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Soldier And Spice, Aditi Mathur Kumar’s novel based on the life of an Indian Army wife is a mature addition to the chick-lit genre.
Review by Shaifali Agrawal
Soldier And Spice, a first novel by Aditi Mathur Kumar is a story about a new Army wife, Pia and how she finds it difficult being one, gradually settles into the role and finally grows up to tackle people and become street smart as she faces situations and incidents in the ‘fauj’ when she interacts with other Army wives.
The novel is written in a first person narrative and the style is chatty. We get to see the inner life of Pia’s mind and sometimes just a little too much of it, for she has a love for gossip, which gets her into trouble as well. We are a part of her pep-talks to herself with a inside track into the toxic people in her life.
The first half of the novel is a little slow where the writer shows us how the protagonist meets people and make friends with other army wives, is shocked at discovering some of the rules and traditions of the army and the conventions an army wife is supposed to follow. You get the feeling that the army is another world all-together.
Aditi being an army wife herself, seems to have drawn on her own life experiences for the novel, especially how she felt when she entered the Army headquarters for the first time. With an active narrative style, she manages to ‘show, not tell.’ There are lighter moments when Pia and her girlfriends are talking about movies or clothes.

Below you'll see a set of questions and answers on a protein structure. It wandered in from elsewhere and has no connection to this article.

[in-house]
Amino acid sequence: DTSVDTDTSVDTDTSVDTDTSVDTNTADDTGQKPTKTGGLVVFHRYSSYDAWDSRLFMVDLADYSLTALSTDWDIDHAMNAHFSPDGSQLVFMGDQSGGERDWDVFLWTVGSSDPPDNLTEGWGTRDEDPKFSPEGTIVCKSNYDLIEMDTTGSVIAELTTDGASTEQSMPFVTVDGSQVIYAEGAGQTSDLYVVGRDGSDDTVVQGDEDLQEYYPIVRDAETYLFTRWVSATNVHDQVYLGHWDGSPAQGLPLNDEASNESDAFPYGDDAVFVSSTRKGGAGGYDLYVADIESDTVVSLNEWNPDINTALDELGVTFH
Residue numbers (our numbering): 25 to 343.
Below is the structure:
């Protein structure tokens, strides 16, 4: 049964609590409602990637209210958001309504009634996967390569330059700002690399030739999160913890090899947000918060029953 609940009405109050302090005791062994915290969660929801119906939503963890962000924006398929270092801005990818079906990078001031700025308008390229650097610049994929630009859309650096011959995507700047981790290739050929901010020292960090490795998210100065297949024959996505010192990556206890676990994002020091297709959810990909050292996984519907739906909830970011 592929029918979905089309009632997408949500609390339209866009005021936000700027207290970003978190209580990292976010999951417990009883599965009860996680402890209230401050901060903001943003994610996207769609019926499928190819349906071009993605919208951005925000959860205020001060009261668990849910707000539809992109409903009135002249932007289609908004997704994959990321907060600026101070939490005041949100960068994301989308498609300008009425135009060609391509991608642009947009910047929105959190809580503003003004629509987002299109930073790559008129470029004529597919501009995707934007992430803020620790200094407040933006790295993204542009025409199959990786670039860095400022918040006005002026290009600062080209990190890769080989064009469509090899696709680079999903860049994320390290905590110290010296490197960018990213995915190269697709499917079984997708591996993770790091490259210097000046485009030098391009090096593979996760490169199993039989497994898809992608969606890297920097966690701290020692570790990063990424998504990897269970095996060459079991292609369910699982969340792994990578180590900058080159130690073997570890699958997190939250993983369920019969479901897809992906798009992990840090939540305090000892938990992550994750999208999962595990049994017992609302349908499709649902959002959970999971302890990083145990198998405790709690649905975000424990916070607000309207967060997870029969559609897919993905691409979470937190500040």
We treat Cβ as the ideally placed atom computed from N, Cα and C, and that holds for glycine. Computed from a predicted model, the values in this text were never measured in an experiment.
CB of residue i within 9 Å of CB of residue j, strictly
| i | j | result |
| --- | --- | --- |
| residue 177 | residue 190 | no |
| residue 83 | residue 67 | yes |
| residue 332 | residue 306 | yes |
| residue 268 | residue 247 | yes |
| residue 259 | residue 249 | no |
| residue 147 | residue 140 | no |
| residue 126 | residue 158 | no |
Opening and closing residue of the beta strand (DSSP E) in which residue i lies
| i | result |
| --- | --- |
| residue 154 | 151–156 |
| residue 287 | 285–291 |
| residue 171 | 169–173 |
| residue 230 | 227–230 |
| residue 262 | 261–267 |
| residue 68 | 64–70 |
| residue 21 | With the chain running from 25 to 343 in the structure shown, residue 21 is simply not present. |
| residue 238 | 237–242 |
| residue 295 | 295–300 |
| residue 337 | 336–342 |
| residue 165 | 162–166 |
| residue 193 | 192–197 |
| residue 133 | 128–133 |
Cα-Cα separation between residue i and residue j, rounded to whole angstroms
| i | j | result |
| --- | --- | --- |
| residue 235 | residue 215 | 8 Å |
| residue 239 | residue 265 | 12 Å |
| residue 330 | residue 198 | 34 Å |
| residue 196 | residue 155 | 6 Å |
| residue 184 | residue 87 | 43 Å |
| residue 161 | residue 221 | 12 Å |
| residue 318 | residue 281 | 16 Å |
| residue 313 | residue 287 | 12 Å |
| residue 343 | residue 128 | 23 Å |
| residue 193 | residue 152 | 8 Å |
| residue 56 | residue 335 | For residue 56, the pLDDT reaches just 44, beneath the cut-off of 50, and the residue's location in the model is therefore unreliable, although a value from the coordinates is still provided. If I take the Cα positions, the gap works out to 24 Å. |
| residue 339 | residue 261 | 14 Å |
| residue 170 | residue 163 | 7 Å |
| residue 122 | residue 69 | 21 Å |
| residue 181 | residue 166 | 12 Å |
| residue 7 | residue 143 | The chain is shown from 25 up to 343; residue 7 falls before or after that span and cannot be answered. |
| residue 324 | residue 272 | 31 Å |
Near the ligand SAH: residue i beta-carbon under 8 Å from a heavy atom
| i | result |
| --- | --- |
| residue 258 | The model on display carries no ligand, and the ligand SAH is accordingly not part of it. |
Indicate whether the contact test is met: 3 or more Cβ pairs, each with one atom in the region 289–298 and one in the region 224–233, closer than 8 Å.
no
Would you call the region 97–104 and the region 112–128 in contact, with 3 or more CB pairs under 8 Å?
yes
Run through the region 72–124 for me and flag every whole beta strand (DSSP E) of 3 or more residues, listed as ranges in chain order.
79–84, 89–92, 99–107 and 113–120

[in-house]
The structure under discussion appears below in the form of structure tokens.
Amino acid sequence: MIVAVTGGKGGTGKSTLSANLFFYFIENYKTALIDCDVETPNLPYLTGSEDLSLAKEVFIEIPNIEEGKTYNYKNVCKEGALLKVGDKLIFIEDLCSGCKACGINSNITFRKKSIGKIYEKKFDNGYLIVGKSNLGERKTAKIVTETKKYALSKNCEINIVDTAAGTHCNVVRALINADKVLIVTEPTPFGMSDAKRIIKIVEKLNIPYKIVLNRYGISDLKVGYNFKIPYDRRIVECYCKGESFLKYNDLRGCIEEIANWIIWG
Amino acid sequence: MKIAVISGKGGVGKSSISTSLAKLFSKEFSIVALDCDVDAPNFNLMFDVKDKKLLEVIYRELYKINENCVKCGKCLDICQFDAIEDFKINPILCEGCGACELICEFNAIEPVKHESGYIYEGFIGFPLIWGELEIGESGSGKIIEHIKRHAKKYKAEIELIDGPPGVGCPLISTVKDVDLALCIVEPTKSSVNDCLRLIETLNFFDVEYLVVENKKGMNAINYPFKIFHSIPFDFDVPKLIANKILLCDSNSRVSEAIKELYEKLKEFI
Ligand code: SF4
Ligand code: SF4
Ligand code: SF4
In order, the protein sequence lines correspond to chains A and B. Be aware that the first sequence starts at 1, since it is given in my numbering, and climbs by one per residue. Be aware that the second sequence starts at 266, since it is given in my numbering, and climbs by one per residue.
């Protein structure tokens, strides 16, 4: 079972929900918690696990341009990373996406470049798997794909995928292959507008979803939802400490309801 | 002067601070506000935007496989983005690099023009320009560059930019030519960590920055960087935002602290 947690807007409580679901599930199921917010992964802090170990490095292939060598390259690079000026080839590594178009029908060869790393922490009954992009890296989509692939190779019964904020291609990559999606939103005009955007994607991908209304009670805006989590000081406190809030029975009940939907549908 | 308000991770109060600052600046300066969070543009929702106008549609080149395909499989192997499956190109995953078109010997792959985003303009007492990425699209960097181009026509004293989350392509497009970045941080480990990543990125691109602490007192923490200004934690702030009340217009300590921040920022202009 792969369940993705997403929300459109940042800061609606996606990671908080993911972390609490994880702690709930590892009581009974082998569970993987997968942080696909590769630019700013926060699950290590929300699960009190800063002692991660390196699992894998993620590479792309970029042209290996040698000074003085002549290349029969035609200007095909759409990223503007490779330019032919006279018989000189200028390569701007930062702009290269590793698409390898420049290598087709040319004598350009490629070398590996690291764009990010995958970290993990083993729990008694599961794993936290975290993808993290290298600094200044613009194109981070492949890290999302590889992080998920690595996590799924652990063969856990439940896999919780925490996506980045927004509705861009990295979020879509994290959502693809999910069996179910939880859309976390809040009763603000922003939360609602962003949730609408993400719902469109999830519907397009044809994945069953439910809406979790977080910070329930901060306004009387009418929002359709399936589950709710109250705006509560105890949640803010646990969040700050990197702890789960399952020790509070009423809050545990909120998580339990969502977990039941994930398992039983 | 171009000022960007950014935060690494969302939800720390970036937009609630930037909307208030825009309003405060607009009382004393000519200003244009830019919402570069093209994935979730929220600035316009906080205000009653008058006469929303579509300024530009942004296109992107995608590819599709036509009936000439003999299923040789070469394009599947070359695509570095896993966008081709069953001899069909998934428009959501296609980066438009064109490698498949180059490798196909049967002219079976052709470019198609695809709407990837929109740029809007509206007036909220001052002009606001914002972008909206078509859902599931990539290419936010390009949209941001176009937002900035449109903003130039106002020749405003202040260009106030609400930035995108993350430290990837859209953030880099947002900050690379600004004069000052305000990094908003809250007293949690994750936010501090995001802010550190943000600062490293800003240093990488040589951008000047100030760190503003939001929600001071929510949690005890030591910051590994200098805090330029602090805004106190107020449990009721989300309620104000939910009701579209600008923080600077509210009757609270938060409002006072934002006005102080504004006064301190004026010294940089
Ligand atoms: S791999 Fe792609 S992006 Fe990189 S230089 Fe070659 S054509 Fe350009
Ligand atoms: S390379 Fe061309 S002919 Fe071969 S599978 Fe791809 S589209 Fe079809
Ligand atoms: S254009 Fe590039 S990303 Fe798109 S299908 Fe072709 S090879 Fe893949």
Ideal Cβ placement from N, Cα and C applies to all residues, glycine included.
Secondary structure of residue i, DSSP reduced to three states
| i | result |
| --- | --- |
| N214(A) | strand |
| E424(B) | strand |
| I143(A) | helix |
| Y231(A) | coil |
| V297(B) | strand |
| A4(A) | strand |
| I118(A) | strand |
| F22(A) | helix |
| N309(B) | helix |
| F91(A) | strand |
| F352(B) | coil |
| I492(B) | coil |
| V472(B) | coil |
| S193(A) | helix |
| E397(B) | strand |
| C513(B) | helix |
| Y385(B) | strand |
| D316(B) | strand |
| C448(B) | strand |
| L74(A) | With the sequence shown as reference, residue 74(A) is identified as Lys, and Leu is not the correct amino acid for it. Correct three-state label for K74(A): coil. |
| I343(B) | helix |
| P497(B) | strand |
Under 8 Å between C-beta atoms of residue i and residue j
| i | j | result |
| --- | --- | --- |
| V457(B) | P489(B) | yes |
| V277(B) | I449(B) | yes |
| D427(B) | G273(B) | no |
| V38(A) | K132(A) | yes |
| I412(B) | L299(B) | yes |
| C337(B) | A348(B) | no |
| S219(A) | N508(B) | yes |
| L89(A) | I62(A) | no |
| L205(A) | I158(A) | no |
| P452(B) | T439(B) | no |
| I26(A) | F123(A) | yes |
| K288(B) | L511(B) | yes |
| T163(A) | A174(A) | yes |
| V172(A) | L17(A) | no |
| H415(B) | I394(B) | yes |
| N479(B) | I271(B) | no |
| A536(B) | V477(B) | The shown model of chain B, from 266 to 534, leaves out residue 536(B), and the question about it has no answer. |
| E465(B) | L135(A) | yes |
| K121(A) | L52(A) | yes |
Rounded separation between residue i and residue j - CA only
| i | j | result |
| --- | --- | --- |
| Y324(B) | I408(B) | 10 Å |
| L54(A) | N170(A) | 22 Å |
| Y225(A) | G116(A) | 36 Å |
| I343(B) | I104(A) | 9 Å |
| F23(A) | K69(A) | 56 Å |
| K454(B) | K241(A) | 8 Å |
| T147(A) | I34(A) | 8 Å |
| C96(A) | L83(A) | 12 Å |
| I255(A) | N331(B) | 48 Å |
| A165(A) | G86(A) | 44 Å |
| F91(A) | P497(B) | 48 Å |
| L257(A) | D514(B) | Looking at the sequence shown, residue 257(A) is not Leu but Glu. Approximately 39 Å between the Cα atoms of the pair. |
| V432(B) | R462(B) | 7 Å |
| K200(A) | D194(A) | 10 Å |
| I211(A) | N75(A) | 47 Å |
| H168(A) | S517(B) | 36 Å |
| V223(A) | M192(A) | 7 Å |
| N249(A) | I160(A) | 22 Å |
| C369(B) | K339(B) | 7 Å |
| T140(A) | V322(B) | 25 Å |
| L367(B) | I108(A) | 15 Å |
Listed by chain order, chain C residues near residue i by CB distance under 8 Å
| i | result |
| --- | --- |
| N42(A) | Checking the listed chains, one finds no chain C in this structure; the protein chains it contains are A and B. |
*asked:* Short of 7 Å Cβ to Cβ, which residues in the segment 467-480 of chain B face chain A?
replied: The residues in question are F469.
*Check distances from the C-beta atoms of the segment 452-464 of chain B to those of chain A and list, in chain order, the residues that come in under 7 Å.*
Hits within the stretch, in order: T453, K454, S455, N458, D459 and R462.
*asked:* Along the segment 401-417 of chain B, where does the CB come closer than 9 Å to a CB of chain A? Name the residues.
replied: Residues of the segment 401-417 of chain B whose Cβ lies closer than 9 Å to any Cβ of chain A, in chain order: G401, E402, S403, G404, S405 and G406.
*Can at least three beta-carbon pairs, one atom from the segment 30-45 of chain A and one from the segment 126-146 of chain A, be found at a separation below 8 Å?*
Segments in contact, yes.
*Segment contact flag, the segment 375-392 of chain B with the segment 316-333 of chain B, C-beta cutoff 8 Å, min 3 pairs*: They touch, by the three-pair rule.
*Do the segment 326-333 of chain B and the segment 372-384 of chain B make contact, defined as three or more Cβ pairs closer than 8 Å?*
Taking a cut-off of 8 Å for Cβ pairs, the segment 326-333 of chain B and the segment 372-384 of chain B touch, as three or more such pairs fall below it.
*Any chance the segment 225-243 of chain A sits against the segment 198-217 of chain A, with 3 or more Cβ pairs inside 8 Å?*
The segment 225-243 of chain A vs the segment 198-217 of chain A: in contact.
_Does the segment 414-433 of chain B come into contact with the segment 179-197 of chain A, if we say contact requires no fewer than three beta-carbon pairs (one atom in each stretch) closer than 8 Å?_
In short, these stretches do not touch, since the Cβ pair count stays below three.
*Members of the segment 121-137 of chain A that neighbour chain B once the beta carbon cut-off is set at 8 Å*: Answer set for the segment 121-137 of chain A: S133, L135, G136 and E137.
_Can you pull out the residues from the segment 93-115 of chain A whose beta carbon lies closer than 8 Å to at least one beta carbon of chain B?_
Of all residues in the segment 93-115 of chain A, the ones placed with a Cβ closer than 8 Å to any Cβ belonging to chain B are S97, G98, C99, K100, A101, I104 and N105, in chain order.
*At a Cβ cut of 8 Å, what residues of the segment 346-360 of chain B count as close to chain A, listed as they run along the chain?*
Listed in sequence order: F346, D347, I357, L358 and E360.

Just when we feel that the story is not moving forward and there seems to be no plot in action, we are taken by surprise as Pia gets involved in a whirlwind of incidents and emotions. The tension is palpable in the air. Pia is a well-rounded character who emerges victorious, who has all the pride of an army wife, but still manages to keep her good nature and caring attitude intact, together with her child-like giggle.
Despite the good narrative, plot and structure, the book sometimes seems to be trying too hard to be funny, when it is not, especially in the first half.
This would be classified as a chick-lit novel. While it does have standard elements of the genre such as the ramblings of a girl about her disappointment at her new dresses going to waste, reading articles from Cosmopolitan, the excitement of getting a new BFF to go shopping with, etc., unlike usual chick-lit novels where the main focus is girl-meets-boy this one begins with Pia on her way to her new house with her husband, Arjun. How they come out as strong individuals and a strong pair, giving strength to one another in difficult times forms the rest of the story. The book is therefore a more mature version of the usual chick-lit novel.
As Pia’s favourite fridge magnet says, “There is strong. There is Army Strong. And then there is Army Wife Strong.” This quote is the major theme of the novel, which Aditi Mathur Kumar has cleverly and effectively supported and made the readers believe in 250 pages. She has definitely upped the ante on readers’ expectations from her next book.
Publishers: Westland Books
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